The ultraviolet light that penetrates through windows is UVA light. This is responsible for causing signs of skin aging. Check the level of UVA cover in your sunscreen. Make sure it gives you broad-spectrum or UVA protection (4 and above).

The safest method is to apply sunscreen daily as part of your skincare routine, regardless of whether you plan to be outdoors or not. Your skin will thank you!

Is my skin safe from UV behind glass?

UVA can penetrate window glass and penetrates the skin more deeply than UVB.UVB rays damage the top layers of your skin, causing sunburn. Both UVA and UVB can cause skin cancer.
UVA radiation is associated with skin ageing. It breaks down collagen and elastin in the skin and leads to wrinkles, leathery skin and pigmentation.

UVA protection in a sunscreen will help defend the skin against photo ageing and potentially skin cancer.

Does skin of colour need sun protection?

Melanin is the most important pigment determining skin colour. Human skin contains 2 types of melanin: eumelanin and pheomelanin. Eumelanin is brown to black pigment, pheomelanin is a red or yellow. Pheomelanin is predominant in light skin, blond or red hair. Eumelanin offers more protection from the sun than pheomelanin and is present in pigmented skin. Darker skin colour therefore has more natural sun protection but recommendations regarding sun protection (e.g. clothing, shade and sunscreen) should be used during periods of prolonged or intense sun exposure.

In addition, cases of skin cancer in people with darker skin are often not detected until later stages, when it is more dangerous. So appropriate protection and self-monitoring are just as important as people with lighter skin types.

Can I get skin cancer if my skin never burns?

Sun exposure without skin protection can be harmful anytime and anywhere, especially during the peak hours of 11am-3pm in summer. Just because you do not get sunburn does not mean you are protected against skin cancer. Sadly there is no such thing as a healthy tan. Any change in your natural skin colour is a sign increased melanin production in an attempt to prevent further damage. The evidence suggests tanning greatly increases your risk of developing skin cancer.

Can my self-tan protect me from the sun?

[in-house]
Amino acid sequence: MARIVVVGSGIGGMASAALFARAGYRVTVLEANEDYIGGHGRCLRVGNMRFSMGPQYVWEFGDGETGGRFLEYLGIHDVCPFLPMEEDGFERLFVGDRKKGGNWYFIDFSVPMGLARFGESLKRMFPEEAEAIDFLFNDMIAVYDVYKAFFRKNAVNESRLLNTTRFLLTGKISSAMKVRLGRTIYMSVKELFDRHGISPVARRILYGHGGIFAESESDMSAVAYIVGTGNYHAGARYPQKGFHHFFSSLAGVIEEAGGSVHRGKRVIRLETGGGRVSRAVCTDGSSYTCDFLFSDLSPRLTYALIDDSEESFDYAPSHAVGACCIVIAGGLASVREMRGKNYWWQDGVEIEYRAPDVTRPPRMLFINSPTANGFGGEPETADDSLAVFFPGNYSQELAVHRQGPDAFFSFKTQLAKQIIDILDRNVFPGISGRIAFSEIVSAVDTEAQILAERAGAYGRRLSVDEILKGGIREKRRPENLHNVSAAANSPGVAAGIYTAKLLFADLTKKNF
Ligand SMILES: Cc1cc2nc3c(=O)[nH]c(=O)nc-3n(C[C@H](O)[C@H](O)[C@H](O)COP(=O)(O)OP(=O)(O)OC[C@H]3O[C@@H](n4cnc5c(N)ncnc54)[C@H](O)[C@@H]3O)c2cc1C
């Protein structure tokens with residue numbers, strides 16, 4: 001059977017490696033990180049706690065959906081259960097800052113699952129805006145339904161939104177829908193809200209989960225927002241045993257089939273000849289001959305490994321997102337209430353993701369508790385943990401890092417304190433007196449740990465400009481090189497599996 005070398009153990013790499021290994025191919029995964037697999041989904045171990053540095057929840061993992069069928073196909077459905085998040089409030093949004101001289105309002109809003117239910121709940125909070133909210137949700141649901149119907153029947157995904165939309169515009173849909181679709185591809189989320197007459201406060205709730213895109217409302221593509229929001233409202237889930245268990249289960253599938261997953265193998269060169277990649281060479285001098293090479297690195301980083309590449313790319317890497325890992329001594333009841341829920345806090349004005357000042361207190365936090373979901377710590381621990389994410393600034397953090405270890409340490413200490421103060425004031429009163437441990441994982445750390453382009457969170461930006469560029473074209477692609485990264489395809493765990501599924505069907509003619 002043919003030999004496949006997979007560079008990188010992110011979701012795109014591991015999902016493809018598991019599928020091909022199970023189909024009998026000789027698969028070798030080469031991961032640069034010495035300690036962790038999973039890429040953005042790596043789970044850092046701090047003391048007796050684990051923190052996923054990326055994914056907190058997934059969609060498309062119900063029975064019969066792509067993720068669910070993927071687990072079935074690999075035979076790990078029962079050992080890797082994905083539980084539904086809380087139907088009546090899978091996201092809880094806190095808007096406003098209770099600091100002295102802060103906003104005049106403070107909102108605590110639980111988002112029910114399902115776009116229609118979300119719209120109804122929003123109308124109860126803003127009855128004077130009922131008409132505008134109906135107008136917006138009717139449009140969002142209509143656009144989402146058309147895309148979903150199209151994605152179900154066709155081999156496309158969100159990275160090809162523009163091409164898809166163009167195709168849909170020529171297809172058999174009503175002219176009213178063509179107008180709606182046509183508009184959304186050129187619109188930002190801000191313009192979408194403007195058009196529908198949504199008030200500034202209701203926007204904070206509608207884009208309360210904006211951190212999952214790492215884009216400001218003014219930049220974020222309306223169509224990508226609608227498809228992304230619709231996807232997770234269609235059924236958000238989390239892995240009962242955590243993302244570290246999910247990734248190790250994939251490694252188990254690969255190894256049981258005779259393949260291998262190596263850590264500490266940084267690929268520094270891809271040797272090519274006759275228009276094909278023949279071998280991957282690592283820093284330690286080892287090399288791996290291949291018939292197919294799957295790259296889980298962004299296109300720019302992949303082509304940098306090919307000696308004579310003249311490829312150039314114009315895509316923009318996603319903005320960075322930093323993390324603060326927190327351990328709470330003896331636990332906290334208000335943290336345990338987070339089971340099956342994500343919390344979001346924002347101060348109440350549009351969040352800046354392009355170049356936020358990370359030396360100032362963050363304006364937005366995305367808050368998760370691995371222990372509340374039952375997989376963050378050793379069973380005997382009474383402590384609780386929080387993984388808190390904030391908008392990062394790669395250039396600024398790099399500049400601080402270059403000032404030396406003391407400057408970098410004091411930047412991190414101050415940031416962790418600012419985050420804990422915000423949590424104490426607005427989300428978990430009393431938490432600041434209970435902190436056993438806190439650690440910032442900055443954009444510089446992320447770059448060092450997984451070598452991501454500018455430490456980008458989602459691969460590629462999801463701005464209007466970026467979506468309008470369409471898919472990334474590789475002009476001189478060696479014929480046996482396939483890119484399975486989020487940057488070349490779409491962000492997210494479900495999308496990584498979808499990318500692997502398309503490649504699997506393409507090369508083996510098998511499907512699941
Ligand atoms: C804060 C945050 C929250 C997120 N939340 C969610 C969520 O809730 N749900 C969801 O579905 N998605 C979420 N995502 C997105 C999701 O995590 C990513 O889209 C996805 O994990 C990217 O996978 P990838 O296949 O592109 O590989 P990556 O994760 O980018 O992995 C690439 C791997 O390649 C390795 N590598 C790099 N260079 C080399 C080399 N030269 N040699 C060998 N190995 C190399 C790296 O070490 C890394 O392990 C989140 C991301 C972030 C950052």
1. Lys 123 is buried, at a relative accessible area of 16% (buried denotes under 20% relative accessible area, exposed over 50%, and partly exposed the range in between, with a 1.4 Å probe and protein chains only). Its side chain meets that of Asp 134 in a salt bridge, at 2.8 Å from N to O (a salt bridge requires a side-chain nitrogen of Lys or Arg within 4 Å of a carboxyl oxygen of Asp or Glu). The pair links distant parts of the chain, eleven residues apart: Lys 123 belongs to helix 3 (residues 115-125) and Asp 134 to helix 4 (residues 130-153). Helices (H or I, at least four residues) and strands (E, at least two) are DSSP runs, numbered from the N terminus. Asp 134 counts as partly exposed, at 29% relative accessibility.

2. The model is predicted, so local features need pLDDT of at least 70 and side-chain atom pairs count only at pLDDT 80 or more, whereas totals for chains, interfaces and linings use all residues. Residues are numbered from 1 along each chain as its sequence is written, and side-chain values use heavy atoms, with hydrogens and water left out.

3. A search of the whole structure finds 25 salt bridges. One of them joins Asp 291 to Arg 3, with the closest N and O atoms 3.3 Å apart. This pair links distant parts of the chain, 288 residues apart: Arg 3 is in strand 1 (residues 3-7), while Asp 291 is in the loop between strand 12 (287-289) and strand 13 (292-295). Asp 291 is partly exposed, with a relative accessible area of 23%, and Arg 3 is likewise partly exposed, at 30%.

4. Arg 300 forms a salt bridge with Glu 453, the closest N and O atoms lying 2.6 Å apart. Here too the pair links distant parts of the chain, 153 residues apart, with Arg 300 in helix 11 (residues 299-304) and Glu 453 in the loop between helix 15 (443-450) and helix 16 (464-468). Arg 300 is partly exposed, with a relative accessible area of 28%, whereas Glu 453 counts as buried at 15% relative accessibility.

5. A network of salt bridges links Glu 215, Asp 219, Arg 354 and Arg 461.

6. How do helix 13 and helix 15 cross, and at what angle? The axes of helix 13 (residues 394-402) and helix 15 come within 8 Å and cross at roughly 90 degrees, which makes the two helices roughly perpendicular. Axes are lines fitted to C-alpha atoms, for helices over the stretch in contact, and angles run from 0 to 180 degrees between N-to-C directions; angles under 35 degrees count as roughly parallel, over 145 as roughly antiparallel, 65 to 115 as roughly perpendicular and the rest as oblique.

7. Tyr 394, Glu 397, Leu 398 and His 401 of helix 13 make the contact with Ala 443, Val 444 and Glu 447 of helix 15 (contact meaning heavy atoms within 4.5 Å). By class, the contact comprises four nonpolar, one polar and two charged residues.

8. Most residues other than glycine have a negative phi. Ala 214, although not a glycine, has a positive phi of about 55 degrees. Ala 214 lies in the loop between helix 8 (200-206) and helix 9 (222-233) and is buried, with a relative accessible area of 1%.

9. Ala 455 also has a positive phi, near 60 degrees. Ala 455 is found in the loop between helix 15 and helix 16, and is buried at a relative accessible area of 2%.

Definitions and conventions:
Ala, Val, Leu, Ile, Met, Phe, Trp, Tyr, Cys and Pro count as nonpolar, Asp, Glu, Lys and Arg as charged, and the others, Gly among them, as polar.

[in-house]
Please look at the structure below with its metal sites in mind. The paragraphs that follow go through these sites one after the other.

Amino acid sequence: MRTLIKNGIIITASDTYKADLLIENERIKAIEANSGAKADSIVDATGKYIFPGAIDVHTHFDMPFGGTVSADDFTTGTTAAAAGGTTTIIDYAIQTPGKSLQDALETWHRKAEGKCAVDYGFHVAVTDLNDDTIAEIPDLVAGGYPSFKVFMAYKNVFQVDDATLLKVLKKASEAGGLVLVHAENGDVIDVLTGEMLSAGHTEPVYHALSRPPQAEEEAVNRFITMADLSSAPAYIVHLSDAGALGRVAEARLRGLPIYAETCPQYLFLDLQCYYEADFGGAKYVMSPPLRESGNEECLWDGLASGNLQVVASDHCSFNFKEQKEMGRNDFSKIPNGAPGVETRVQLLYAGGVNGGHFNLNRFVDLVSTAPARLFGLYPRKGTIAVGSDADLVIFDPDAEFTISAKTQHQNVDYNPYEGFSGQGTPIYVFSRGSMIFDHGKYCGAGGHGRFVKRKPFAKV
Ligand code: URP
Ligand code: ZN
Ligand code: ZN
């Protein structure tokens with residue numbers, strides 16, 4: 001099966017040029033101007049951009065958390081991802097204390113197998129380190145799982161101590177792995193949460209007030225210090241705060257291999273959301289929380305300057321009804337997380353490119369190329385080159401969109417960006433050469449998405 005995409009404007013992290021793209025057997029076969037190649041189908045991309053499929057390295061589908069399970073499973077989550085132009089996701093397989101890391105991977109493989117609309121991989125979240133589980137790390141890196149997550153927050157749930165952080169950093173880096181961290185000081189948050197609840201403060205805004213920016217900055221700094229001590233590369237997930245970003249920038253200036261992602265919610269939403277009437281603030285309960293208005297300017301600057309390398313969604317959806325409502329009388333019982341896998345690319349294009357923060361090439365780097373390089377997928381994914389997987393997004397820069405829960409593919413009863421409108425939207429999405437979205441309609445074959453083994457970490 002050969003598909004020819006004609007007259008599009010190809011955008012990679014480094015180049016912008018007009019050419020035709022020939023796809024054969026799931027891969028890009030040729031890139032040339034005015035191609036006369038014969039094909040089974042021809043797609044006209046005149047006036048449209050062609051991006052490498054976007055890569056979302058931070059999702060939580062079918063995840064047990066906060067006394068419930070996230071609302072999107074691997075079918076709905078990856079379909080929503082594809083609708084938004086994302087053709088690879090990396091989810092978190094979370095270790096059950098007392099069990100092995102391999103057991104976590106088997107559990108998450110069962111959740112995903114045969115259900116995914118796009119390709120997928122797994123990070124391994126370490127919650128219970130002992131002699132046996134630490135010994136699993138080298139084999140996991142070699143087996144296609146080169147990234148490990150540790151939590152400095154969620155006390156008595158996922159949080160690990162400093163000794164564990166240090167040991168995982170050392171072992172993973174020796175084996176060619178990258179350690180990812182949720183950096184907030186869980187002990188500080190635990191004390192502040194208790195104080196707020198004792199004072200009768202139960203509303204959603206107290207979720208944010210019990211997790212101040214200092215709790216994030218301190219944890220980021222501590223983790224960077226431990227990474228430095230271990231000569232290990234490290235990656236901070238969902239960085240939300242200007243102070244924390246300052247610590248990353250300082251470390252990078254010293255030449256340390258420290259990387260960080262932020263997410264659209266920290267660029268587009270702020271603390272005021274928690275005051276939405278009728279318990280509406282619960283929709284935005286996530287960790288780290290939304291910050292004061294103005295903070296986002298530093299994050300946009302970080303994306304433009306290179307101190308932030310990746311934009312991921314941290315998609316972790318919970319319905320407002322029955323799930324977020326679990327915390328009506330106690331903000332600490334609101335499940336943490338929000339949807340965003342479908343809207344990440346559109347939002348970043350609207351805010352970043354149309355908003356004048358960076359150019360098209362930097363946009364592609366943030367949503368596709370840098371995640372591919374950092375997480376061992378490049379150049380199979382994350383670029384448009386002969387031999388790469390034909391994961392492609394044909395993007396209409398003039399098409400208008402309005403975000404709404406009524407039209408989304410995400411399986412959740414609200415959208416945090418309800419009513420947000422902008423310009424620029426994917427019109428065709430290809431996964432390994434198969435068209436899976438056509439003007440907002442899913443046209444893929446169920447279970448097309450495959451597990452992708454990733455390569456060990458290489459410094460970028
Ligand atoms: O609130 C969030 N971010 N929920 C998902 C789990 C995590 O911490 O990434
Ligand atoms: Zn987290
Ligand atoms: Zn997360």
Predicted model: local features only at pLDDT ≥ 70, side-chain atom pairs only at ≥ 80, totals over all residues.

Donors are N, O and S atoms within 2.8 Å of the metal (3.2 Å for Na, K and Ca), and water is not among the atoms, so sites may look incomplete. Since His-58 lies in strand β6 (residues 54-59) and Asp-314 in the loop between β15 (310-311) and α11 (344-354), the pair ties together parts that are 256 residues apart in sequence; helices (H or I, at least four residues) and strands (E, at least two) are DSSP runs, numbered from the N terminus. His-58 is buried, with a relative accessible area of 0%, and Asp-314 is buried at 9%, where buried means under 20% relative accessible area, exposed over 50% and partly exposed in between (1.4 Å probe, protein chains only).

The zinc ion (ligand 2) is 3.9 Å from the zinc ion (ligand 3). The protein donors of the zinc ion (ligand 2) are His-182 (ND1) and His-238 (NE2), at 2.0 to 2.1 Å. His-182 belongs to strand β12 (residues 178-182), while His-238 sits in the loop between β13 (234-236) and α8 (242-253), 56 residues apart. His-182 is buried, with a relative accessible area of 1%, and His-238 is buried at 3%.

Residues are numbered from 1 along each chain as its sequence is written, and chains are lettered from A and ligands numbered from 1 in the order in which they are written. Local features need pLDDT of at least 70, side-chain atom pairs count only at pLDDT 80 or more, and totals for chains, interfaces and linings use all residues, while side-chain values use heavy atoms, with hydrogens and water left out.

Most self-tanning products don’t protect your skin against the harmful effects of the sun on their own. I recommend applying a broad spectrum sunscreen with an SPF of 30 or over whether your skin is self-tanned or not. Remember to reapply during periods of intense or prolonged sun exposure. Never substitute proper sun protection.

If you enjoy the look of a tan or sun-kissed skin, as many people do, self-tanning at home can deliver the same psychological boost without the dangerous UV exposure of sunbathing.

Can I occasionally use a indoor tanning bed?

Remember having a tan is a sign of skin damage caused by UV rays from the sun. Every time you tan or burn, you damage the DNA in your skin. The more you damage your DNA, the greater your risk of getting skin cancer.

There is sadly no such thing as a safe tanning bed/booth/lamp. The bulbs used in tanning beds emit mostly UVA light, which is associated with signs of skin ageing as well as skin cancer. In addition, indoor tanning is associated with side effects like burns, loss of consciousness, and eye injuries.

If you do want a tan for a special occasion, it is a much better idea to visit a salon for a spray tan or DIY with sunless tanning products.

Can people become addicted to tanning?

Studies show that some people who tan have symptoms of addiction . The prevalence of tanning addiction ranges from 4% in the general population to 33% among frequent indoor tanners. Self-tan is safer option!

Images by Martin Vorel and Beate